It's v important to get thus right. A lit if people are miserable at boarding school to the point if depression and it can affect them life long, it's worse the younger they are. Read Joy Schaverien boarding school syndrome and if he went to prep school duffields the making of them.

Boarding school suits some people down to the ground. Some people have to go there for one reason or another, some choose to and love it. But nit everyone does. And it's not a reflection on their family whether they do or not.

DH and I both hated our v famous ones. I'd have preferred a governess. No school at all.

Hth, pm me if you want.

Abraiid2 Tue 15-Nov-16 17:29:11

I didn't get that impression of the OP at alll. She seems very upset on her son's behalf.

TwitterQueen1 Tue 15-Nov-16 17:35:28

Jeez, why the nastiness to the OP? Can't you tell how upset she is, people?

OP, I missed depression in my DD for well over 18 months. it wasn't until AS level total failure that I realised - and was utterly ashamed at myself.

School were totally useless. She was an AAA student that went to UUD overnight and all they said was "I don't really think we would want her back for Y13".

Children hide it very well OP. Seemingly fine on the outside, in bits on the inside. Just keep listening, keep talking, keep up the counselling, and just let him dictate what he wants to do. flowers

birdybirdywoofwoof Tue 15-Nov-16 17:37:35

op, it's ok - you're doing your best now (I was the same and Ds lives with me) - it's so hard to tell what's normal teen reclusiveness and what isn't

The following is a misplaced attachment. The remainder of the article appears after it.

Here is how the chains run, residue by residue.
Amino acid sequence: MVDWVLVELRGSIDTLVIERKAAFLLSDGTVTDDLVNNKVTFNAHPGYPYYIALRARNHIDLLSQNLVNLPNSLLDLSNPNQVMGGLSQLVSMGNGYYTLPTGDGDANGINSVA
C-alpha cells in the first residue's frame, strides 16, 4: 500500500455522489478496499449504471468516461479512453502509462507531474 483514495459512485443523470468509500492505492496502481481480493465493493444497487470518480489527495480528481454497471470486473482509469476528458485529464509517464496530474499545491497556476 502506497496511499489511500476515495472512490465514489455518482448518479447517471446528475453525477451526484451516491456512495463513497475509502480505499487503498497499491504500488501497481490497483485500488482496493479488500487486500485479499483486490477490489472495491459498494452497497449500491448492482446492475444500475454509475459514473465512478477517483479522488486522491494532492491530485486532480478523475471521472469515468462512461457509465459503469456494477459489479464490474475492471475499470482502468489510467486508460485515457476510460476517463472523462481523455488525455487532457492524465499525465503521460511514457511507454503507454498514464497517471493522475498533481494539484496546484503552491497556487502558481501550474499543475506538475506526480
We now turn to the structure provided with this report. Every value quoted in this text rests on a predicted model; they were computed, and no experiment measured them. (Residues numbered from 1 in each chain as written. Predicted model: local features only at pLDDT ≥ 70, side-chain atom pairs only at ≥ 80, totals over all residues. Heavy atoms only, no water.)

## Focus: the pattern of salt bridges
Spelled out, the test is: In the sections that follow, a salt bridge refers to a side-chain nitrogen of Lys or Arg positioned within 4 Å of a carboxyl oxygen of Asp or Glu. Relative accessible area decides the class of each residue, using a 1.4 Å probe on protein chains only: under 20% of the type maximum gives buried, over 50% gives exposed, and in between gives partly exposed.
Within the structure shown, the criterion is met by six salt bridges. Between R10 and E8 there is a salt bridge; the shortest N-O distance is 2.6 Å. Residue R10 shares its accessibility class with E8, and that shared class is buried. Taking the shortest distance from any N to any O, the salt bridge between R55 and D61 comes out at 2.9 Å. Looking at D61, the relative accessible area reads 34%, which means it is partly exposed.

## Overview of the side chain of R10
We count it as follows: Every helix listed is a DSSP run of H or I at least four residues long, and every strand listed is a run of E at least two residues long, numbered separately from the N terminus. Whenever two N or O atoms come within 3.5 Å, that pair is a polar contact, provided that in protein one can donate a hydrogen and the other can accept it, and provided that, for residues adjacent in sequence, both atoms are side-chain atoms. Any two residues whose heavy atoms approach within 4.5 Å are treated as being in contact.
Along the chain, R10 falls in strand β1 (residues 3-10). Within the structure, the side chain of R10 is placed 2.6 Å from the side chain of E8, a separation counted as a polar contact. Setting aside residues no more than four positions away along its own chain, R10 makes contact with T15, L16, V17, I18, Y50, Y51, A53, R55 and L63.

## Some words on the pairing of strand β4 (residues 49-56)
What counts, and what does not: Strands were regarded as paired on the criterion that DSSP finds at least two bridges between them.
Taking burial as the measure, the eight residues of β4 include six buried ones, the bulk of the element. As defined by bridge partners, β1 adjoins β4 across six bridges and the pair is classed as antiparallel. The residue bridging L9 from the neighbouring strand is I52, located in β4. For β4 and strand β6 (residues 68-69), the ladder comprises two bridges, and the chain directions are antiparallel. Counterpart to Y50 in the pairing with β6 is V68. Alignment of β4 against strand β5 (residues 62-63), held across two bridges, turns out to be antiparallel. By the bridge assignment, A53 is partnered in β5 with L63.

I hope you get some answers on Friday and can make a plan for moving forwards. Don't worry about 6th form applications - there usually are places..

Leeds2 Tue 15-Nov-16 17:47:34

Hopefully, the psychiatrist will be able to give you some useful, and helpful, information on Friday.

I would though try and find out from your son how he feels about school, and whether boarding is a problem for him. It doesn't suit all DC, even if they are home every weekend. Or whether boarding is fine, but there is some other school concern which is causing issues. To be honest, I would not be very impressed that the pastoral team at school hadn't picked up on there being a problem when, for example, your DS suddenly withdrew from all sport. My experience of boarding schools is that the staff are usually very vigilant about this sort of thing.

I would also ring the local schools, if you haven't already, and ask if they would be willing to extend the deadline. Worth a try.

MollyHuaCha Tue 15-Nov-16 19:15:15

We need to always take depression seriously. I have thankfully never been depressed, but I have experience of a depressed thirteen year old. It lasted a year and a half. Crucial to recovery for us were these things:

1. Weekly talking therapy with a professional - luckily we had health insurance which paid for this.